gRPC performance benchmark in ASP.NET Core 3

In the previous post, I have explored the new gRPC service template from Visual Studio.

However, I haven’t done any check of the performance of the gRPC, which I think is an interesting thing to look at. The performance benefit is a “selling point” of gRPC, so it will be good to verify how big the gain is.


I’ll start with the results as they are probably the most interesting thing.

For a quick overview, see the charts below.

Performance results for small message with integers

Performance results for small message with mixed data types

Performance results for big message

For details, click here to view raw data

API Type Message Time [ms]
gRPC small-ints 2505
gRPC-CodeFirst small-ints 3080
System.Text.Json small-ints 3589
Newtonsoft.Json small-ints 3488
gRPC small-mixed 1982
gRPC-CodeFirst small-mixed 2770
System.Text.Json small-mixed 3825
Newtonsoft.Json small-mixed 3625
gRPC big-list 2813
gRPC-CodeFirst big-list 4678
System.Text.Json big-list 5338
Newtonsoft.Json big-list 38329

API types

As you see I’ve decided to compare 4 variants:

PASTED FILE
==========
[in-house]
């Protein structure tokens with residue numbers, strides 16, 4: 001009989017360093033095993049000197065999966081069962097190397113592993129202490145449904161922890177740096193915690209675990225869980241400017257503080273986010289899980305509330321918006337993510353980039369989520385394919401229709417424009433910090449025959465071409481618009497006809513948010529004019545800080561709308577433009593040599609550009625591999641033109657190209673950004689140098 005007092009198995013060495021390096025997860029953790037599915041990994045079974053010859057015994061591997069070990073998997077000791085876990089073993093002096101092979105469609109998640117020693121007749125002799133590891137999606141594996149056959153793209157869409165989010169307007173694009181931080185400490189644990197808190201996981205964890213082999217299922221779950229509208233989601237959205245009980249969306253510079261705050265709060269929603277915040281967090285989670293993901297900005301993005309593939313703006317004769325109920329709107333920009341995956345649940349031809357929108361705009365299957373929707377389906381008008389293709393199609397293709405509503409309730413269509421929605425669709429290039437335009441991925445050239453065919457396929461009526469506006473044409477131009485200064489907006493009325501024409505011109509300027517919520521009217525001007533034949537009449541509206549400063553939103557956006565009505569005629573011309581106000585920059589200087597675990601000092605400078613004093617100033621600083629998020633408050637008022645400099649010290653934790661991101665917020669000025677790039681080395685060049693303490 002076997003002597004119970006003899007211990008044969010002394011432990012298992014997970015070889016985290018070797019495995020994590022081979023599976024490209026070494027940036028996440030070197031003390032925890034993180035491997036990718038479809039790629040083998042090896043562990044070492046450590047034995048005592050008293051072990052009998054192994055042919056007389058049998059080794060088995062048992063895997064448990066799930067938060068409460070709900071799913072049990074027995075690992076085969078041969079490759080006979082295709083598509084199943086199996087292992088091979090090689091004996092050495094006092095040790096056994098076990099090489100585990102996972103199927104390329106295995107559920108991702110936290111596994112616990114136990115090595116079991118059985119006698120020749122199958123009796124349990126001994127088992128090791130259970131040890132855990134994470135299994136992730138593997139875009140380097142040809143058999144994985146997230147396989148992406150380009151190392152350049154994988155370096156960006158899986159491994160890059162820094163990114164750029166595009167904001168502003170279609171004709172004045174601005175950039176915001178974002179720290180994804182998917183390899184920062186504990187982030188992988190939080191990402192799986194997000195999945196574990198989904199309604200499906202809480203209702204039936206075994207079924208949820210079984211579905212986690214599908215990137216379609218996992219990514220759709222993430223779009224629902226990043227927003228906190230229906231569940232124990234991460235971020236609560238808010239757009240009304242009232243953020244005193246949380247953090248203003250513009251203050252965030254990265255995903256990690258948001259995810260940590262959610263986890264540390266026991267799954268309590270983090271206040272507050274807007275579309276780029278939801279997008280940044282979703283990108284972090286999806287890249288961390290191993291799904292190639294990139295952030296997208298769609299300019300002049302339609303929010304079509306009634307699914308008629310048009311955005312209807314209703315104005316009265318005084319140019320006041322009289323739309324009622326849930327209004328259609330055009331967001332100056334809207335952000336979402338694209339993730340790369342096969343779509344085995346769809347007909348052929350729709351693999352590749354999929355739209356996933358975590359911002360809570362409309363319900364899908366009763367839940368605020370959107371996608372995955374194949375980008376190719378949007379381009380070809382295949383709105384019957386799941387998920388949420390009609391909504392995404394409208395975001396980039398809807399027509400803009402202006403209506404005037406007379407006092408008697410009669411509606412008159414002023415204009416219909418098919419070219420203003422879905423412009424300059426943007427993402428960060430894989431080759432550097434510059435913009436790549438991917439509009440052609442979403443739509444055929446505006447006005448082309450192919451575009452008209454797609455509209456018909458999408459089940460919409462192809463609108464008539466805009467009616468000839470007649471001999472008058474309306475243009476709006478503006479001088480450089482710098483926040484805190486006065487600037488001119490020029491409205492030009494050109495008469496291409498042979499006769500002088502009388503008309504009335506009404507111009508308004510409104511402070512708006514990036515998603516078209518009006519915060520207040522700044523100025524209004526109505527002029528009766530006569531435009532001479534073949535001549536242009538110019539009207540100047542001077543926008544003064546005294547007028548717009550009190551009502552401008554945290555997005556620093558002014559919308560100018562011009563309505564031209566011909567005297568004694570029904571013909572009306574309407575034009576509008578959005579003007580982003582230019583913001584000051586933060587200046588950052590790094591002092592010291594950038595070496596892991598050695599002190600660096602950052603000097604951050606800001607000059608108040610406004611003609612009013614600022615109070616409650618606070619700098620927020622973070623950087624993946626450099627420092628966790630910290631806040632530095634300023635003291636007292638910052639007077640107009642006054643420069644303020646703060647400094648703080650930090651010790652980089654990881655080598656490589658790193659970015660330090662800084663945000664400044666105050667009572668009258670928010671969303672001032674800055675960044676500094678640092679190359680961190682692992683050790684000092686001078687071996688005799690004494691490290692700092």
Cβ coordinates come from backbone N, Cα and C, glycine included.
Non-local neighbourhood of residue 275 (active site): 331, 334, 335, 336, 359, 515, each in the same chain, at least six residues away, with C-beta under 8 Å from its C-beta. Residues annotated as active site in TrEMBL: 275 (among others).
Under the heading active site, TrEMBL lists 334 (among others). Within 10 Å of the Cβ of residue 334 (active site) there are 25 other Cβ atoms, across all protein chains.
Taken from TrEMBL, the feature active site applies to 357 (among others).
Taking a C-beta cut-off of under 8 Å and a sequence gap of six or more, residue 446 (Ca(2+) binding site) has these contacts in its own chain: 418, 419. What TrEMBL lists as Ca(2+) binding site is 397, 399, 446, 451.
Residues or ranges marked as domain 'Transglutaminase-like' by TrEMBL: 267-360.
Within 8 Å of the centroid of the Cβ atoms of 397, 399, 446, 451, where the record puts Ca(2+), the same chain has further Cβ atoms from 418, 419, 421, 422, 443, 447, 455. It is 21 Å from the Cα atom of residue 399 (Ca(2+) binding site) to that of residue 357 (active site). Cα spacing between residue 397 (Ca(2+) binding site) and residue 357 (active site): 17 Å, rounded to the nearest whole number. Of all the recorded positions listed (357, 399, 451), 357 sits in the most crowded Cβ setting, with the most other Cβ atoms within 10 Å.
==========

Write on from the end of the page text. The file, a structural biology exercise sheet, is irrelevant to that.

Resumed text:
• gRPC - official suite of gRPC libraries that are associated with new Visual Studio template
  • gRPC-CodeFirst - protobuf-net.Grpc library, which works also for .NET Framework
  • System.Text.Json - the new JSON serialization API from .NET Core 3
  • Newtonsoft.Json - probably doesn’t need introduction :)

Why these 4?

Firstly, I wanted to see how gRPC performs against API based on JSON. RPC over HTTP with JSON serialization is the most prevalent thing these days.

Secondly, I also wanted to look at different implementations of both gRPC & JSON serialization, mostly out of curiosity.

Test messages

Test messages differ by size and data types used within them:

  • small ints - a class with a few int properties
  • small-mixed - a class with a few int/string properties and a nested class
  • big-list - a big list of items (1000 elements, 190kB JSON file)